Video: Toronto Van Attack Officer Hailed as 'Hero' for Refusing to Shoot Suspect

Updated | Were it not for one Toronto police officer, the final moments of the Monday van attack that has sent shockwaves across Canada and around the world might have played out very differently.

While that officer has yet to be named, he is already being hailed as a hero for refusing to fire his weapon at the man suspected of killing 10 people and leaving 15 others seriously injured after plowing a van into a crowd of pedestrians at a busy intersection.

Dramatic video of the standoff between the officer and the suspect, whom police have identified as Alek Minassian, 25, shows the man, clad in black, repeatedly drawing and aiming an object at the officer and calling on the policeman to kill him.

It's a call the officer chooses to ignore, advancing toward the man slowly, with his firearm drawn, instead.

"Get down!" the officer can be heard shouting over a blaring siren.

"Kill me!" the suspect responds, keeping what appears to be his weapon pointed at the policeman.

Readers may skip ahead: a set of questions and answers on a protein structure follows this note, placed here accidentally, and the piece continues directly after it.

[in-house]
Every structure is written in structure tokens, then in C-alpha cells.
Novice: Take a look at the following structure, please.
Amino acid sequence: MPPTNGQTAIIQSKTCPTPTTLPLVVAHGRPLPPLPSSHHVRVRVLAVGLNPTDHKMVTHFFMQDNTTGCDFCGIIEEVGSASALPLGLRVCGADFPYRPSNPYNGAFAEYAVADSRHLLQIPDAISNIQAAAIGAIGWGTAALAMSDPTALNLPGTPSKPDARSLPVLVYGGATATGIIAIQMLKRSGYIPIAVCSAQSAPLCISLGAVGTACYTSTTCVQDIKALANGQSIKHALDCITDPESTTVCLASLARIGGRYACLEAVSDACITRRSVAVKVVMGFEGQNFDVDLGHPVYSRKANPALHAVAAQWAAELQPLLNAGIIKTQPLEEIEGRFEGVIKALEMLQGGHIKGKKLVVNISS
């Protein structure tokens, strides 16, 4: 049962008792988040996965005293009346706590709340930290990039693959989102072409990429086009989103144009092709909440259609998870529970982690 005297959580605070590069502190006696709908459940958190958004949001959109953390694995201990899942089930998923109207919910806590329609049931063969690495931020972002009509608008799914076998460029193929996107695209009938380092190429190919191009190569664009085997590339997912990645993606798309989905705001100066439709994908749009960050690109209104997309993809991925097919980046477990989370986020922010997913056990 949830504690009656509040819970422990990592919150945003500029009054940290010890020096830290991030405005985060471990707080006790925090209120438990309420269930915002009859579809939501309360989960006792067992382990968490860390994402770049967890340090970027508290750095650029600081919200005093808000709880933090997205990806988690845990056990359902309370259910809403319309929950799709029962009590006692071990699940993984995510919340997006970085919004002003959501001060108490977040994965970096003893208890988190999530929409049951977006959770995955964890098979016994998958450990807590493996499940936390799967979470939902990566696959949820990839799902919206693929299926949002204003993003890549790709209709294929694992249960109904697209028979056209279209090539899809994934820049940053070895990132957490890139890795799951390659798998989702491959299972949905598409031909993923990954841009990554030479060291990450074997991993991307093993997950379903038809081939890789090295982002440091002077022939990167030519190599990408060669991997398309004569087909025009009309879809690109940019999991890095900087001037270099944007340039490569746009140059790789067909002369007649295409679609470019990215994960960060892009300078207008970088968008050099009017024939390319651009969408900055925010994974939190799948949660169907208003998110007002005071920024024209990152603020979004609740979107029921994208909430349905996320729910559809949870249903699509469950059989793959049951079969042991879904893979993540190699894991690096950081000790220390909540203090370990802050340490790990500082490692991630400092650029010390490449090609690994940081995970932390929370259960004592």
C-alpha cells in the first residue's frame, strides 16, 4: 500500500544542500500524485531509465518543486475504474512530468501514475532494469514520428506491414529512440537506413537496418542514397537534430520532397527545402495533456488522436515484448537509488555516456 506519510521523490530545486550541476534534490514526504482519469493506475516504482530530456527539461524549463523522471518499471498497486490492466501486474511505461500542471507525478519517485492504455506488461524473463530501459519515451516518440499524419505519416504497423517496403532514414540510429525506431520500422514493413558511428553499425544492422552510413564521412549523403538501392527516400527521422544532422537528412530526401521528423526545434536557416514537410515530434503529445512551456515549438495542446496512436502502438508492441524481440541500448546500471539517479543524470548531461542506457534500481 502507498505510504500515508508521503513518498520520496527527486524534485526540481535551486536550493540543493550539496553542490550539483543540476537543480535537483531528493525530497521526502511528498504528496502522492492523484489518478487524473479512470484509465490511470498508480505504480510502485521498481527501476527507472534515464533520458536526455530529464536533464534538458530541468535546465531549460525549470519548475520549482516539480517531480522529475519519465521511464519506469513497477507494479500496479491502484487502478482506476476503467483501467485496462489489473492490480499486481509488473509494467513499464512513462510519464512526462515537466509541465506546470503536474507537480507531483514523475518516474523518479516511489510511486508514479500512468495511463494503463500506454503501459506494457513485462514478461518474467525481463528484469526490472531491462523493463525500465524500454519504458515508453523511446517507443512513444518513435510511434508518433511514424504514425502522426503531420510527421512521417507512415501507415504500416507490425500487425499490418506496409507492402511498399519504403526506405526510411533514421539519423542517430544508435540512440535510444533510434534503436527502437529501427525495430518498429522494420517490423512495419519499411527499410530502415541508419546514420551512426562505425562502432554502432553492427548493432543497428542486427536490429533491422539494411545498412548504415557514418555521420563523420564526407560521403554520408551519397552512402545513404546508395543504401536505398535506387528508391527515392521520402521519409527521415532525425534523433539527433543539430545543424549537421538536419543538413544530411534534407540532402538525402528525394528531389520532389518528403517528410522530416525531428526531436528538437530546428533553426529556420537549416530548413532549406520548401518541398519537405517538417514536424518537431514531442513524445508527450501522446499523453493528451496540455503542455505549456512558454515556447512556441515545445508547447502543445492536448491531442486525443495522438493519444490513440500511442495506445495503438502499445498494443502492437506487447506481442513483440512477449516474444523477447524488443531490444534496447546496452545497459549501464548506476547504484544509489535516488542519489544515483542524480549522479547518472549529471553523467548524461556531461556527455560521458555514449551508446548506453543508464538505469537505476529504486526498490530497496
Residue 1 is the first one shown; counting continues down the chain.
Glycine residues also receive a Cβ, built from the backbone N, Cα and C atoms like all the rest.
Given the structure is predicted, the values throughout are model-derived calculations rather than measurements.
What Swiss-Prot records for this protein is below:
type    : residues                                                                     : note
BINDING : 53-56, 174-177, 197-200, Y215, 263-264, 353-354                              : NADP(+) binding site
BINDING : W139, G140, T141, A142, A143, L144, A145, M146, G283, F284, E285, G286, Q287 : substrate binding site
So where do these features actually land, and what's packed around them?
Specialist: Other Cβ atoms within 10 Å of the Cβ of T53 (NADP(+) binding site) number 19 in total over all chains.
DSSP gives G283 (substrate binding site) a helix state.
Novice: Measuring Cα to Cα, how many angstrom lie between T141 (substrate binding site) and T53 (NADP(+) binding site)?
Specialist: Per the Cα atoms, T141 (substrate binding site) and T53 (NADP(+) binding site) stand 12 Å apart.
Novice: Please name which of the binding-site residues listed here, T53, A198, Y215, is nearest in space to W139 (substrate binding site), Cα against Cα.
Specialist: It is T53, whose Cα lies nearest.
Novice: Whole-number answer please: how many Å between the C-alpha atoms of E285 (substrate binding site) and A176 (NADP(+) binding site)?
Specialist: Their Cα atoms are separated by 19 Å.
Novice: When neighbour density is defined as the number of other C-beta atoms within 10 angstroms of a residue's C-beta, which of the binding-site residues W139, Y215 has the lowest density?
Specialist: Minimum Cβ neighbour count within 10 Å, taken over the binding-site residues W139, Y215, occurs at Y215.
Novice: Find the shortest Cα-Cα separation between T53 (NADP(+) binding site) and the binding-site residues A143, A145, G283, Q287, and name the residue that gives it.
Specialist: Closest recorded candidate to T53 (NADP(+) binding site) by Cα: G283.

Still, the officer refuses, shouting, "No, get down." When the suspect fails to cooperate, the policeman reaches into his unmarked vehicle to turn off the siren.

"I have a gun in my pocket," the suspect says.

"I don't care," the officer responds. "Get down. Get down or you're going to get shot," he warns.

A police officer enters his police car at the cordoned-off Yonge Street after a van plowed into pedestrians in Toronto on April 23. Cole Burston/Getty

"Shoot me in the head," the suspect calls. Instead, the officer moves toward the man, closing the distance between them until they are just inches apart, as he repeats his calls for the man to get down.

That's when the suspect finally yields to the officer's request, lying facedown on the floor, allowing the policeman to handcuff him.

'This Guy Is a Hero'

The standoff, which unfolded over several minutes, could have increased the attack's death toll, but Toronto's police chief credited the unnamed officer for putting his own life on the line to bring the bloodshed to an end.

Toronto Police Chief Mark Saunders said at a news conference Monday night that the officer's ability to de-escalate the situation on Monday demonstrated the "high-caliber training that takes place" within the Toronto police department. "Officers are taught to use as little force as possible in any situation," he added.